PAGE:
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How Foresters Limit Their Carbon Footprint

How Foresters Limit Their Carbon Footprint

Forests absorb airborne carbon dioxide, store carbon in wood, and return pure fresh oxygen to the atmosphere. As that process continues, though, gases in the atmosphere absorb the planet’s heat and radiate it in all directions. When that heat cannot escape Earth’s atmosphere, the planet’s temperature warms.

Photograph by Flickr, distributed under a CC-BY 2.0 license.

Photograph by Flickr, distributed under a CC-BY 2.0 license.

Scientists estimate that nature is only able to remove about half of all carbon dioxide added to the environment. The good news is that forests, particularly those in North America, are continuously pulling carbon dioxide out of the atmosphere and storing it in solid wood. Because these forests are growing more than is being harvested, the U.S. Forest Service estimates that U.S. forests currently serve as a carbon ‘sink’, offsetting approximately 13% of U.S. emissions from burning fossil fuels.

Canadian Harvesting Practices

Wood products harvested from forests continue to store carbon throughout their use. According to the Canadian Climate Forum’s Issue Paper #4 from Fall 2015, Canadian timber harvesting practices emit minimal greenhouse gases. Improvements are continually being made to the industry’s lumber manufacturing practices to reduces its carbon footprint.

Energy and greenhouse gas emissions to produce forest products are less than materials wood often replaces, such as metals, concrete and plastic. Canada’s forest products industry has been a leader in reducing greenhouse gas emissions from its manufacturing processes. Since 1990, the pulp and paper industry in Canada has reduced emissions by about 65%. This has been accomplished by replacing fossil fuels used for mill processes with low net-carbon emissions energy generated by burning wood residues once disposed of by burning without energy recovery.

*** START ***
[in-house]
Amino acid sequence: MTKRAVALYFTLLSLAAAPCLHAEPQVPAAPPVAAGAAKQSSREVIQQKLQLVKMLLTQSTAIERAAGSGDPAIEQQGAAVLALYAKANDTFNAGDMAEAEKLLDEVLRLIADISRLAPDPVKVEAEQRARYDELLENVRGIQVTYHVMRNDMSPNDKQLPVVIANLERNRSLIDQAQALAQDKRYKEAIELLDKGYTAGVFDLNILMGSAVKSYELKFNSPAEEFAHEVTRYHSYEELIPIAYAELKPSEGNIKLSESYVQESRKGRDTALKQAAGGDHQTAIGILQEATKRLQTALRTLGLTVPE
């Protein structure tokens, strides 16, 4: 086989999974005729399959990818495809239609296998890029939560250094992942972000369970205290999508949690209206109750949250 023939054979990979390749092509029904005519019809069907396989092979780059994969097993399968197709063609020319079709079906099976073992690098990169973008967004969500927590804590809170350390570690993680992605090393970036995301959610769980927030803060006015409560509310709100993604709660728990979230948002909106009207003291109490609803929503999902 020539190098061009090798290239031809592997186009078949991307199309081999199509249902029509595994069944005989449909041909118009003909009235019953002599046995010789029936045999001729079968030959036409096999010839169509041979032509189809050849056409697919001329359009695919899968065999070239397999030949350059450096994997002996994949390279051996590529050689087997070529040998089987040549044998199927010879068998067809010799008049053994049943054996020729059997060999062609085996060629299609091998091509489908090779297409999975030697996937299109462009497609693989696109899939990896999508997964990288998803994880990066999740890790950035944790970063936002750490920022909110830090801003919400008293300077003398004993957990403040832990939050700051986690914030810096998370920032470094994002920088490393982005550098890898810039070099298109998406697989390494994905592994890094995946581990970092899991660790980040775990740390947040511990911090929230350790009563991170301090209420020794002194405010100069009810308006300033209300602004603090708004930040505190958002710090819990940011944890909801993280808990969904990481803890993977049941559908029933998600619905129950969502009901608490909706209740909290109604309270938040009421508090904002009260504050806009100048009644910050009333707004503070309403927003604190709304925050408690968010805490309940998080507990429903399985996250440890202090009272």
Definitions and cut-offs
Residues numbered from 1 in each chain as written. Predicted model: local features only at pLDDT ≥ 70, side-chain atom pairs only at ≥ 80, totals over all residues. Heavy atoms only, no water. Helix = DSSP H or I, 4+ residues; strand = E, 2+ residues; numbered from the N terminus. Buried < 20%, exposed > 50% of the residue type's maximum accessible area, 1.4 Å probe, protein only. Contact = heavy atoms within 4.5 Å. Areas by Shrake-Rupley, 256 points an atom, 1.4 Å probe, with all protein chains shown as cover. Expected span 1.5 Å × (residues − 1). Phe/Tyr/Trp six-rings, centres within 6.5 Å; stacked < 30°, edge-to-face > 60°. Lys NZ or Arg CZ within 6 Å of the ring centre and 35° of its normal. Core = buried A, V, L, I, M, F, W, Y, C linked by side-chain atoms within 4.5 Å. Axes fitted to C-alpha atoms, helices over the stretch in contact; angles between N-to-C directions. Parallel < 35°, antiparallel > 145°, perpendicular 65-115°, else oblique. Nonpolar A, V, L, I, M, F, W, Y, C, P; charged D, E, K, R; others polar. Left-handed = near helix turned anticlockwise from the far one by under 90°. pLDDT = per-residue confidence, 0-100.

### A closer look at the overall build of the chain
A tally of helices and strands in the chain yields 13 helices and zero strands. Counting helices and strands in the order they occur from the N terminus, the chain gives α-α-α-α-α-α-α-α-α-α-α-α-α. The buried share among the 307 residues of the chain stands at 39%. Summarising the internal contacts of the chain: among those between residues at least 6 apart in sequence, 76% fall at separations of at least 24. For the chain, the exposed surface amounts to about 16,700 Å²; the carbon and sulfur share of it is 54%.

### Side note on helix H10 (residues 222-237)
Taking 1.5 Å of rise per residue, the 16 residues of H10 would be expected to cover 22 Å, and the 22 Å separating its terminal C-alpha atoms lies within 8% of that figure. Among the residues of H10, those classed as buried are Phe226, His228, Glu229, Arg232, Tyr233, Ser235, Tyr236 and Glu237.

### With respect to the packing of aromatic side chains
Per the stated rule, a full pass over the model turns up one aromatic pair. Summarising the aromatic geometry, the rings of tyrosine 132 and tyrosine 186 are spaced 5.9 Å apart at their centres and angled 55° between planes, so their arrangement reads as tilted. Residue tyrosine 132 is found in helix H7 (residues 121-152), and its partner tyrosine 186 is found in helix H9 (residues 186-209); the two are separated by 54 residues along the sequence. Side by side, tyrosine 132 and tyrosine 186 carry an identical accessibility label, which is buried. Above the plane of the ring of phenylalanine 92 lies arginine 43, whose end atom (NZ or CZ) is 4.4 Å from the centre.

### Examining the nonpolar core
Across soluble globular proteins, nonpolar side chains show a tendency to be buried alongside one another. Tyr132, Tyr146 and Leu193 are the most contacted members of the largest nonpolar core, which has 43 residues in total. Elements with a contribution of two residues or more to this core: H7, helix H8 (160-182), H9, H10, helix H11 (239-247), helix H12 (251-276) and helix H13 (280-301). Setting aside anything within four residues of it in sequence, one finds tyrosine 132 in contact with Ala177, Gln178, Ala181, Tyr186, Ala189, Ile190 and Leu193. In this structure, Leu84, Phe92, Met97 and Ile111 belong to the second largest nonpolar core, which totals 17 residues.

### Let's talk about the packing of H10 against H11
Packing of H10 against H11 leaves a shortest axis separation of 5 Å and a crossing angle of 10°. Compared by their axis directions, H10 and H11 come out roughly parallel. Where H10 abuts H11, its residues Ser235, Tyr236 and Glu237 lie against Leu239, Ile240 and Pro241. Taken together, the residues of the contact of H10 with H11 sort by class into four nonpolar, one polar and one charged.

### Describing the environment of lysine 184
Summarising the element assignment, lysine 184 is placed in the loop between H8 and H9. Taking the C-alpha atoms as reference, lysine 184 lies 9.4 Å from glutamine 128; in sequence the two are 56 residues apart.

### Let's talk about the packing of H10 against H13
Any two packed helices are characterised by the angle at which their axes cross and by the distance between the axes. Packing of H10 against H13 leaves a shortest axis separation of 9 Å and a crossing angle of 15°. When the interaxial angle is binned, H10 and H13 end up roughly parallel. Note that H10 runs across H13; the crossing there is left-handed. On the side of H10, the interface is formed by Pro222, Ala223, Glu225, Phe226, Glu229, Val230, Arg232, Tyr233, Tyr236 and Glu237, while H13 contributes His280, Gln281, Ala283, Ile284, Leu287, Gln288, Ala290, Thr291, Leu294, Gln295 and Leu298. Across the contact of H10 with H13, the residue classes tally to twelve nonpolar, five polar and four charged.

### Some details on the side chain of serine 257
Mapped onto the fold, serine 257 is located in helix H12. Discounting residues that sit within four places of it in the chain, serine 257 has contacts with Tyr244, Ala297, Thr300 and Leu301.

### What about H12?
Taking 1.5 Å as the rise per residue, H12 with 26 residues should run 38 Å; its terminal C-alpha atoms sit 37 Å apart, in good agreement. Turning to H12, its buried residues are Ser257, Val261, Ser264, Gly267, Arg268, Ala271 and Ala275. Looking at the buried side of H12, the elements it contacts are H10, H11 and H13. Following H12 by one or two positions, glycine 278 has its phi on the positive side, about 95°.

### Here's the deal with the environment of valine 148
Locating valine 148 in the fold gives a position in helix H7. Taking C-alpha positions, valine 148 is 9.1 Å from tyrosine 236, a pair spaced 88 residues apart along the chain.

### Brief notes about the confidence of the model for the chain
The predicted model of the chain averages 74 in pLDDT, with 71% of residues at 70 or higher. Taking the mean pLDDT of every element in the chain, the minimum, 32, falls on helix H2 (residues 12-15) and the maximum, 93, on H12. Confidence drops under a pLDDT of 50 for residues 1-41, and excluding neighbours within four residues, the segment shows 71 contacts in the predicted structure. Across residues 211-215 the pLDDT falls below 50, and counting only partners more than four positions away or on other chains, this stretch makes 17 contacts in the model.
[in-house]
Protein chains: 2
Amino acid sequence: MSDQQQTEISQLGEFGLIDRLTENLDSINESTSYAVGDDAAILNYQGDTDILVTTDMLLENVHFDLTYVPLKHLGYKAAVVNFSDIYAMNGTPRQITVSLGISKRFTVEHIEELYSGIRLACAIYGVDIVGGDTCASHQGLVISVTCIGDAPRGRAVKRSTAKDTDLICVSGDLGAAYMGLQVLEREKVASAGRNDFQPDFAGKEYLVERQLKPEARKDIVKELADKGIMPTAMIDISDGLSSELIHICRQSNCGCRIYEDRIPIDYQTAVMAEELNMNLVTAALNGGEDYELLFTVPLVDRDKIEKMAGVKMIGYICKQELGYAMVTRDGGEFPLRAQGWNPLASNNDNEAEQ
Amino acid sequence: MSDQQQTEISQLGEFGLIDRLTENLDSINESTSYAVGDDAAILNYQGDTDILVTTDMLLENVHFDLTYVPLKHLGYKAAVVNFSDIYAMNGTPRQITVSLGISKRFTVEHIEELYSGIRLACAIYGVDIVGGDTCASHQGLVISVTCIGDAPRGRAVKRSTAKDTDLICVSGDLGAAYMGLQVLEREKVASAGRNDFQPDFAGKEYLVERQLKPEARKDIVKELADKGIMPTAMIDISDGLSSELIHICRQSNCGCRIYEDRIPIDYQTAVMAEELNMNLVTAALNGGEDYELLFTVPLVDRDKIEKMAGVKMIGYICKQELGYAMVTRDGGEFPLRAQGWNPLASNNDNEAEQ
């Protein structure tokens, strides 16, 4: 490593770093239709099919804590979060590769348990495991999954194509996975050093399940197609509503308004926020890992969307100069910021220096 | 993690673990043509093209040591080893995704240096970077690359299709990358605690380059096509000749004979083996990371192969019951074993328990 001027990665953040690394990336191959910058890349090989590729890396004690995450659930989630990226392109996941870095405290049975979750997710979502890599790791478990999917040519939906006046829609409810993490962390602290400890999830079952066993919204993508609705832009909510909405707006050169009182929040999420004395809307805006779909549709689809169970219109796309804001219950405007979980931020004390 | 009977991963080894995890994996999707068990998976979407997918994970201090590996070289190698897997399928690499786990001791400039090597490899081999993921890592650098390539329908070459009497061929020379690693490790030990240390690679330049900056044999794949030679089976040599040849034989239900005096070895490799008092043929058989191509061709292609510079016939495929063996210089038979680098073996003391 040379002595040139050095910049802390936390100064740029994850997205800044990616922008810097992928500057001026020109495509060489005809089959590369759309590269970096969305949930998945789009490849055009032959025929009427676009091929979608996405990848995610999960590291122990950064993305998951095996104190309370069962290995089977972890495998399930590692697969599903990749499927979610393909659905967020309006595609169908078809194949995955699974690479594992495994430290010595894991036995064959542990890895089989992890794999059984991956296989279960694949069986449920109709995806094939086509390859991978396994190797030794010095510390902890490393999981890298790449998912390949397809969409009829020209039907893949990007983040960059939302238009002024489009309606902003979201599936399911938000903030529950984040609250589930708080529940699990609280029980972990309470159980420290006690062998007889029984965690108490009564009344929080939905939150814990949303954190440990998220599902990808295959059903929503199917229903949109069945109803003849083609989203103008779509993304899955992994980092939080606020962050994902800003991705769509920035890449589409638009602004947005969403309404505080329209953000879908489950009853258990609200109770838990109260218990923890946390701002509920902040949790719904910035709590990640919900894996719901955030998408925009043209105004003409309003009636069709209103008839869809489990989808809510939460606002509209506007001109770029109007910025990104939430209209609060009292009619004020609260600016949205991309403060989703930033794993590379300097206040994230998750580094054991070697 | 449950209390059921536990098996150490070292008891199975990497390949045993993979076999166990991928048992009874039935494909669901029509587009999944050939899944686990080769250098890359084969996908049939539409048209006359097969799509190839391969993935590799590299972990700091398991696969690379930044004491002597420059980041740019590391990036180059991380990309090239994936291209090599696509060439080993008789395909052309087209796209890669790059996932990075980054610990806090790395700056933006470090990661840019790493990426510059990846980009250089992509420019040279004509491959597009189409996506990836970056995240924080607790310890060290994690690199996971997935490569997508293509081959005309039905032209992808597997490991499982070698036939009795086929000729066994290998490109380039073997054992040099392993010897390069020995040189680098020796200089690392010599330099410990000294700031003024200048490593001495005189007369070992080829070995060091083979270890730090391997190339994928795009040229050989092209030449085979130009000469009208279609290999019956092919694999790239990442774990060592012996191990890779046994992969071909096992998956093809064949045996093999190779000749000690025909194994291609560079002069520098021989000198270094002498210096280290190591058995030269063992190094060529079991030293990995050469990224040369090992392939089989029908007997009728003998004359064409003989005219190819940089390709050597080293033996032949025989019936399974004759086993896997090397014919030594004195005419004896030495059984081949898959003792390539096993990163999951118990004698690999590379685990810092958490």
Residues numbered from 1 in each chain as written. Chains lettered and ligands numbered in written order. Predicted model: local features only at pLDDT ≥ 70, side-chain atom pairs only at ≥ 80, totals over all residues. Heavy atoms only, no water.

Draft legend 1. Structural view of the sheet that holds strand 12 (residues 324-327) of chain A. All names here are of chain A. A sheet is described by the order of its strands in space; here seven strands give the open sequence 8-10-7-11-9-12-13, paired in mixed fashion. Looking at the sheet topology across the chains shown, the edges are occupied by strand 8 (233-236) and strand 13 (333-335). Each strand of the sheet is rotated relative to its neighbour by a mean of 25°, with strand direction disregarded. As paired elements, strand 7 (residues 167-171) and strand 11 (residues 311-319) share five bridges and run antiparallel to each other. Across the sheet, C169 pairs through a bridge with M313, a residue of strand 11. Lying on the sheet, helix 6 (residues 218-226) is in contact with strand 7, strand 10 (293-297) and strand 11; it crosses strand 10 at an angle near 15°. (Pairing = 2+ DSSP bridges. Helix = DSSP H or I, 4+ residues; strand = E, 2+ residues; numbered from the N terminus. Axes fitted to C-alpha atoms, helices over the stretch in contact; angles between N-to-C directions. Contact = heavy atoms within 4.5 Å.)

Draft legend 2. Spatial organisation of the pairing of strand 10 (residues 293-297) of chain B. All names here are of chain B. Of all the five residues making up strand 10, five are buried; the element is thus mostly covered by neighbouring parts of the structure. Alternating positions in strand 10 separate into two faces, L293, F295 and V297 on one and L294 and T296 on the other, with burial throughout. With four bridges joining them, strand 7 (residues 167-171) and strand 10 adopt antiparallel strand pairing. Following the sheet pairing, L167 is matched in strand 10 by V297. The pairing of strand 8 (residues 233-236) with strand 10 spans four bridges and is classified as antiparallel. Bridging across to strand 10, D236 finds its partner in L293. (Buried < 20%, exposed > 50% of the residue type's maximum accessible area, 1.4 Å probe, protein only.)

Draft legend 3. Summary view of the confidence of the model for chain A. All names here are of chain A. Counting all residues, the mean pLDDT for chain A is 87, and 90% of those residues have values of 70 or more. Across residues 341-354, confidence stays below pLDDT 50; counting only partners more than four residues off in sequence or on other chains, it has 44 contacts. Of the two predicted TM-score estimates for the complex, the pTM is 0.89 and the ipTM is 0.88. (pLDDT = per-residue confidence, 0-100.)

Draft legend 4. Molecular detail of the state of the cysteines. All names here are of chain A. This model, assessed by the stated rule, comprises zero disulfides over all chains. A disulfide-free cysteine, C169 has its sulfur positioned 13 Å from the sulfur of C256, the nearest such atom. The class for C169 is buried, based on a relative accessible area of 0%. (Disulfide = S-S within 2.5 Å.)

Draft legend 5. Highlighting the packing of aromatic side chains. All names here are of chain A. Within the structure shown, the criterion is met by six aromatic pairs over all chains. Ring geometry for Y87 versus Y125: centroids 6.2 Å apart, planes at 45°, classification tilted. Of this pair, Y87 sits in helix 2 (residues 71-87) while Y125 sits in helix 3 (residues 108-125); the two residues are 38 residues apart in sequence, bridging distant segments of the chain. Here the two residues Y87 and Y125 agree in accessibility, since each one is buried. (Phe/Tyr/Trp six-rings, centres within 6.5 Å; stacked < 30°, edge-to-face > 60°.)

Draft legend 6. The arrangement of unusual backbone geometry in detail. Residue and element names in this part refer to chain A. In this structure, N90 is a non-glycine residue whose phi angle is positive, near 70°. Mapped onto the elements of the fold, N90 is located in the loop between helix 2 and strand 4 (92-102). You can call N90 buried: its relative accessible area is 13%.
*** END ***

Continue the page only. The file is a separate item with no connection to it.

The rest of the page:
U.S. Harvesting Practices

The United States has about 751 million acres of forest area, equal to about one third of the country’s total land area. According to the 2010 National Report on Sustainable Forests, forty-four percent of United States forests are owned by local, state, or national governments and the rest are owned by private land owners. Sierra Pacific Industries, a forest products company, is one of the largest private land owners in the country, and is typical of how landowners approach sustainability. Regarding how their land is managed, Mark Pawlicki, the Director of Corporate Affairs and Sustainability for Sierra Pacific Industries, states,

“Sierra Pacific manages its forest lands on a sustainable basis. In California, we operate under the state’s rigid Forest Practices Act and Forest Practice Rules which require large timberland owners to not harvest more than they grow. In both California and Washington timber harvests are conducted only after a review and approval by state regulatory agencies. In addition, all of SPI’s 1.9 million acres of forests are certified under the independent Sustainable Forestry Initiative, which ensures that we are managing our lands on a sustainable basis for wood products, wildlife habitat, water quality, and other environmental attributes.”

Forest Certification

Voluntary third-party forest certification began in the 1990s in response to market concerns about forest management and illegal logging, primarily in developing countries. Other widely used forest certification programs in North America are the Forest Stewardship Council (FSC) and the Programmme for the Endorsement of Forest Certification. Programs like these are all designed to assure consumers that the wood products they purchase have been produced sustainably. They are also assured that these forests are doing their part to offset fossil fuel carbon emissions.